The capstone course itself is built around a white paper project that each student completes. The project has several components. First, students develop a proposal that identifies a business and communication problem in an existing organization or within an existing industry, and is a problem they are interested in investigating and solving. Students submit their proposal to me, and I make recommendations to them regarding whether their topic is suitable and how they can adjust the scope of their project to fit within the timeline of the course. The proposal is followed by an annotated bibliography assignment in which students conduct extensive research on their chosen problem and its possible solutions. From there, we move to a literature review, which constitutes a representative literature review on the problem. Students then write several drafts of their white paper explaining their proposed solutions, and develop and present a Powerpoint presentation of their results and conclusions.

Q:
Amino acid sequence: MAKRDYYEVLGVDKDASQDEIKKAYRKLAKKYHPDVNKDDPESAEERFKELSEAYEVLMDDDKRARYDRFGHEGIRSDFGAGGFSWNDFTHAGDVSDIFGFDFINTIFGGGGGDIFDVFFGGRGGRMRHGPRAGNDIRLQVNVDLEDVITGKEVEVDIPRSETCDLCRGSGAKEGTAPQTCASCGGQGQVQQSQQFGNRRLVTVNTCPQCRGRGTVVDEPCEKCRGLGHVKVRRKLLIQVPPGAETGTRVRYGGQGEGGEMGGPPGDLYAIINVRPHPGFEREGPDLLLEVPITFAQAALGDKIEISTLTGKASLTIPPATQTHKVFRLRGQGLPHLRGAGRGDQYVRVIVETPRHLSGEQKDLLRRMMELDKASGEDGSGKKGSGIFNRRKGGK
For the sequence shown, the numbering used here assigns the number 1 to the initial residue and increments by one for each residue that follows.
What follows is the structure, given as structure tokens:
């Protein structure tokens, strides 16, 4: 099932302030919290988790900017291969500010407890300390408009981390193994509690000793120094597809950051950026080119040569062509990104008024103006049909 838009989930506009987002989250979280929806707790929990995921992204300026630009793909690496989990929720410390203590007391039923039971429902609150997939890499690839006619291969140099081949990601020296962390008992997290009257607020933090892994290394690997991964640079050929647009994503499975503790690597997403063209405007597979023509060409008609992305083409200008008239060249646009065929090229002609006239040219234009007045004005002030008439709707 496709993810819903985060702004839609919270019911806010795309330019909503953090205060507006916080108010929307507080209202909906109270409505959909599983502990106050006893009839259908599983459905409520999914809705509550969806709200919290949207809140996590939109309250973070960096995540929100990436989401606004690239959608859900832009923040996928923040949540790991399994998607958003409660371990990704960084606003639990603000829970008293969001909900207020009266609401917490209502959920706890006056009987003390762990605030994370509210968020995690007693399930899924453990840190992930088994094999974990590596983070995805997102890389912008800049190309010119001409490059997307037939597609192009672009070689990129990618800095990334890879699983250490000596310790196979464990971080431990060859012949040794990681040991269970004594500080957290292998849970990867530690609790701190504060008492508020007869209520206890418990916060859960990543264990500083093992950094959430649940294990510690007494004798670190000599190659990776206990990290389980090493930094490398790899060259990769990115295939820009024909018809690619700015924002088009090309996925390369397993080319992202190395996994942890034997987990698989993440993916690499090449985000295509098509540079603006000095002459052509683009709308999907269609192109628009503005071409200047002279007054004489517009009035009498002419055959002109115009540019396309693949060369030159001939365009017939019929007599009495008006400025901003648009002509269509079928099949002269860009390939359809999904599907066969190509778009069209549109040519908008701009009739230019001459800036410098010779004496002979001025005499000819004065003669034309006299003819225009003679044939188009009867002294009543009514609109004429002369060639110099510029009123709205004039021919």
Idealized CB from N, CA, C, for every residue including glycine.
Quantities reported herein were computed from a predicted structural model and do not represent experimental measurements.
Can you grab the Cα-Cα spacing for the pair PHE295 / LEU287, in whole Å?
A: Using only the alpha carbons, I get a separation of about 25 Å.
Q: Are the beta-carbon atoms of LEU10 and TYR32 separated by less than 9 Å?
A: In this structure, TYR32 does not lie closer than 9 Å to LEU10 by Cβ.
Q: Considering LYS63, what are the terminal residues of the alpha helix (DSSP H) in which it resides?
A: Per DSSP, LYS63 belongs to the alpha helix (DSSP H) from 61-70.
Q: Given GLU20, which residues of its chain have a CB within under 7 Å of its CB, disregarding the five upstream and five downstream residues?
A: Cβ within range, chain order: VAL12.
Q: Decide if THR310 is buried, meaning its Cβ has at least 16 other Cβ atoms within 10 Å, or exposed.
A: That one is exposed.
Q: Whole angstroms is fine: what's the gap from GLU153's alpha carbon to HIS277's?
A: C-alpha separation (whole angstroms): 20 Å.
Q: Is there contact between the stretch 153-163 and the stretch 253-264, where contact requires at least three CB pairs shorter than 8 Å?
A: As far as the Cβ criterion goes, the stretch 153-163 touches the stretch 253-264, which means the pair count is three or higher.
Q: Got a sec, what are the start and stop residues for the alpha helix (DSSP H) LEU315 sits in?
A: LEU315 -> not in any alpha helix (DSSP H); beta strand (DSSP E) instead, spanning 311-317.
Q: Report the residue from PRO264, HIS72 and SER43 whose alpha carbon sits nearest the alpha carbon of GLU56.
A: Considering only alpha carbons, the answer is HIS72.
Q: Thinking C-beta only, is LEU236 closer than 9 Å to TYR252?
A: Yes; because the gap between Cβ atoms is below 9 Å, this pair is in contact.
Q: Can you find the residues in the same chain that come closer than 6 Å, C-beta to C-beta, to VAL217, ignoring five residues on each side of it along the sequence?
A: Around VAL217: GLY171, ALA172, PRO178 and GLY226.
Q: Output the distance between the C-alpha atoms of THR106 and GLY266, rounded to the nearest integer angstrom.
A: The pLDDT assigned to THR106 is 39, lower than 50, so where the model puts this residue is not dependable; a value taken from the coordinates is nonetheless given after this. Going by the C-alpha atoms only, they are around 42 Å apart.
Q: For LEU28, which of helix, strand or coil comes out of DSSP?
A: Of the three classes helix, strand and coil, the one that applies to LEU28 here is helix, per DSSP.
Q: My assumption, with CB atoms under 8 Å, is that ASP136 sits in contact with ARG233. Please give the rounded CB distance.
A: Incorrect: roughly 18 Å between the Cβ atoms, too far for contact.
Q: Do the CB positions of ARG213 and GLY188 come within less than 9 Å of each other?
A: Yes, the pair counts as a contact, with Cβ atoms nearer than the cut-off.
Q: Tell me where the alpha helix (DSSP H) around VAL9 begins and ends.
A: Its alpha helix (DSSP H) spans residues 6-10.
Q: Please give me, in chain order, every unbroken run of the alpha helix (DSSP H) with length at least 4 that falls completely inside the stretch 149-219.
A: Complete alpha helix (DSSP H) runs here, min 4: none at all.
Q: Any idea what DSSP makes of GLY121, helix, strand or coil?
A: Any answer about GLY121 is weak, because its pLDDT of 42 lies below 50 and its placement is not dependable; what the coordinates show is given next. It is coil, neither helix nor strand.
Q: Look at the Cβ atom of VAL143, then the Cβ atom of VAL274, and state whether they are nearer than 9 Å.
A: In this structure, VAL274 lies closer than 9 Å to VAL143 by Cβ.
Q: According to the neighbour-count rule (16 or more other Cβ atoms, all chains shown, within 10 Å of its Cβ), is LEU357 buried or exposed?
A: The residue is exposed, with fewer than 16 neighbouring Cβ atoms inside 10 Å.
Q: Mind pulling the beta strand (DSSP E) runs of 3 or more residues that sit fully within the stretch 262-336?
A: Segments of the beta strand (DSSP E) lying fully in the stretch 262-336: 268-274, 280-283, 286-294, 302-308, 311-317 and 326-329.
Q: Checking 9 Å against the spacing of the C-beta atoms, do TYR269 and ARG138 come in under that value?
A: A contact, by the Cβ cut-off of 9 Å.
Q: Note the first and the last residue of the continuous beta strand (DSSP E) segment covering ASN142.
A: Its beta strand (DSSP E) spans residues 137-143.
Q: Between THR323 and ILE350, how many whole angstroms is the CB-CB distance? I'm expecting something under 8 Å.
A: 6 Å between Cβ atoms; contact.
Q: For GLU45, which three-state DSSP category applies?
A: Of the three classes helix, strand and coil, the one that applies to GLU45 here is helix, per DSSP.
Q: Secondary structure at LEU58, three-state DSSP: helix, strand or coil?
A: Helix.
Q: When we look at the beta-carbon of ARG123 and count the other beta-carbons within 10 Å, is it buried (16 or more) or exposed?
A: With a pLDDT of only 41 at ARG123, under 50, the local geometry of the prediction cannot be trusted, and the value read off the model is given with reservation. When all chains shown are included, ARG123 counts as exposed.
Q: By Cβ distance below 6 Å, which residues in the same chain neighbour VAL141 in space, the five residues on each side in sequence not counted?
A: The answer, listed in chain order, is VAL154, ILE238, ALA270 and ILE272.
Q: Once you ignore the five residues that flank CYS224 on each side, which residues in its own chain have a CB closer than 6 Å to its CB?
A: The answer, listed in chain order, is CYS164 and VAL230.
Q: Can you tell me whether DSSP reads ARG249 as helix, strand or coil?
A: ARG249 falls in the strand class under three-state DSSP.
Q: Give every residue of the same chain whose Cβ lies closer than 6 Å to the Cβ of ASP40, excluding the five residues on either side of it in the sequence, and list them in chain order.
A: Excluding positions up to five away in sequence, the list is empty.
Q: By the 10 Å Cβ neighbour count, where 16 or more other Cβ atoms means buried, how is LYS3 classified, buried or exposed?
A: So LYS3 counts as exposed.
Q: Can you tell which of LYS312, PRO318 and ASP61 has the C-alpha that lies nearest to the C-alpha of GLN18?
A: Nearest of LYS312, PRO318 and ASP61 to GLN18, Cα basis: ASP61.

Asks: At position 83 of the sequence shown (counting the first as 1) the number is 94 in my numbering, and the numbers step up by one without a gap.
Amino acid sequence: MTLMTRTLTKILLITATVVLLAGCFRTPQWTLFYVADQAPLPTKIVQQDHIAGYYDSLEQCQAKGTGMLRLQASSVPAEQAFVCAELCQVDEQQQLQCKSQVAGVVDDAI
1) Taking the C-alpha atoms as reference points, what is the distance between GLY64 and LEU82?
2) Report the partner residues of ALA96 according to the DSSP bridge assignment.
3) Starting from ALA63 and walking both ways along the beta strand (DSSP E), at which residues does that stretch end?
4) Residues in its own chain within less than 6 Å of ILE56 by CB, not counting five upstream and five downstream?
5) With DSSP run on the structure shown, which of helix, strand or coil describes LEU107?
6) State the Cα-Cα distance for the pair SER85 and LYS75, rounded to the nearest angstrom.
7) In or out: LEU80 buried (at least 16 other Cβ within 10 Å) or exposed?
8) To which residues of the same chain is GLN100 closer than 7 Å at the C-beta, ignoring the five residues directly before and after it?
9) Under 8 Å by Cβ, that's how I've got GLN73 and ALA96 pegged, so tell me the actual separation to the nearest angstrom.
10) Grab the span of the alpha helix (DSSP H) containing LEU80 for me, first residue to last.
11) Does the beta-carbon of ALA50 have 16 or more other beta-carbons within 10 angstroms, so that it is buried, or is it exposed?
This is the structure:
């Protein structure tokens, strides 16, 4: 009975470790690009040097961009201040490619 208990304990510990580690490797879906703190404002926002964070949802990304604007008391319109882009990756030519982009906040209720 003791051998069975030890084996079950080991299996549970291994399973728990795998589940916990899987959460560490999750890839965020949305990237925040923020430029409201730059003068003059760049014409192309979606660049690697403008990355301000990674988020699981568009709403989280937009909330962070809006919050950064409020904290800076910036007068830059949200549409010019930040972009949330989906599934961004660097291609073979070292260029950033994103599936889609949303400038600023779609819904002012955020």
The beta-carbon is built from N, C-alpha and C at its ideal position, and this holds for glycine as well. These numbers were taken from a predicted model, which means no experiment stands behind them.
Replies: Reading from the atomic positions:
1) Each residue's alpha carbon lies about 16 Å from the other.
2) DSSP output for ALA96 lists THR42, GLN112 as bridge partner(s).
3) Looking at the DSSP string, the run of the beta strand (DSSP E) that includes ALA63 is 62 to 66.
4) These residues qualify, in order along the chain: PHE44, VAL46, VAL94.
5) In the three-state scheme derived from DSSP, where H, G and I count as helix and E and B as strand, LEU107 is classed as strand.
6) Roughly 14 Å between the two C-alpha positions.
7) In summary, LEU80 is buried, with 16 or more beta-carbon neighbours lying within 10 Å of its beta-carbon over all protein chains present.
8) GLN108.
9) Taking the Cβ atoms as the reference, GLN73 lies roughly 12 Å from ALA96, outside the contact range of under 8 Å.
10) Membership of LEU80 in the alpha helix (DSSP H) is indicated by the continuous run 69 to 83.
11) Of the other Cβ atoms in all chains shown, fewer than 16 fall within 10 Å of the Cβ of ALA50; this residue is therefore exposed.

We require students to collaborate with each other during the course—they share drafts and research on topics, and are also required to collaborate with me in terms of processing both my and their peers’ feedback. Our final requirement is that students submit their white paper to an outlet outside of the university for possible publication. For example, students can submit to a trade journal, a news outlet, or a blog. They don’t have to have the paper accepted, but they are required to submit it and gain familiarity with the process.

[MastersinCommunications.com] What role does faculty mentorship play in Bellevue University’s Master of Arts in Business and Professional Communication program? How can students make the most of these mentorship opportunities and support systems?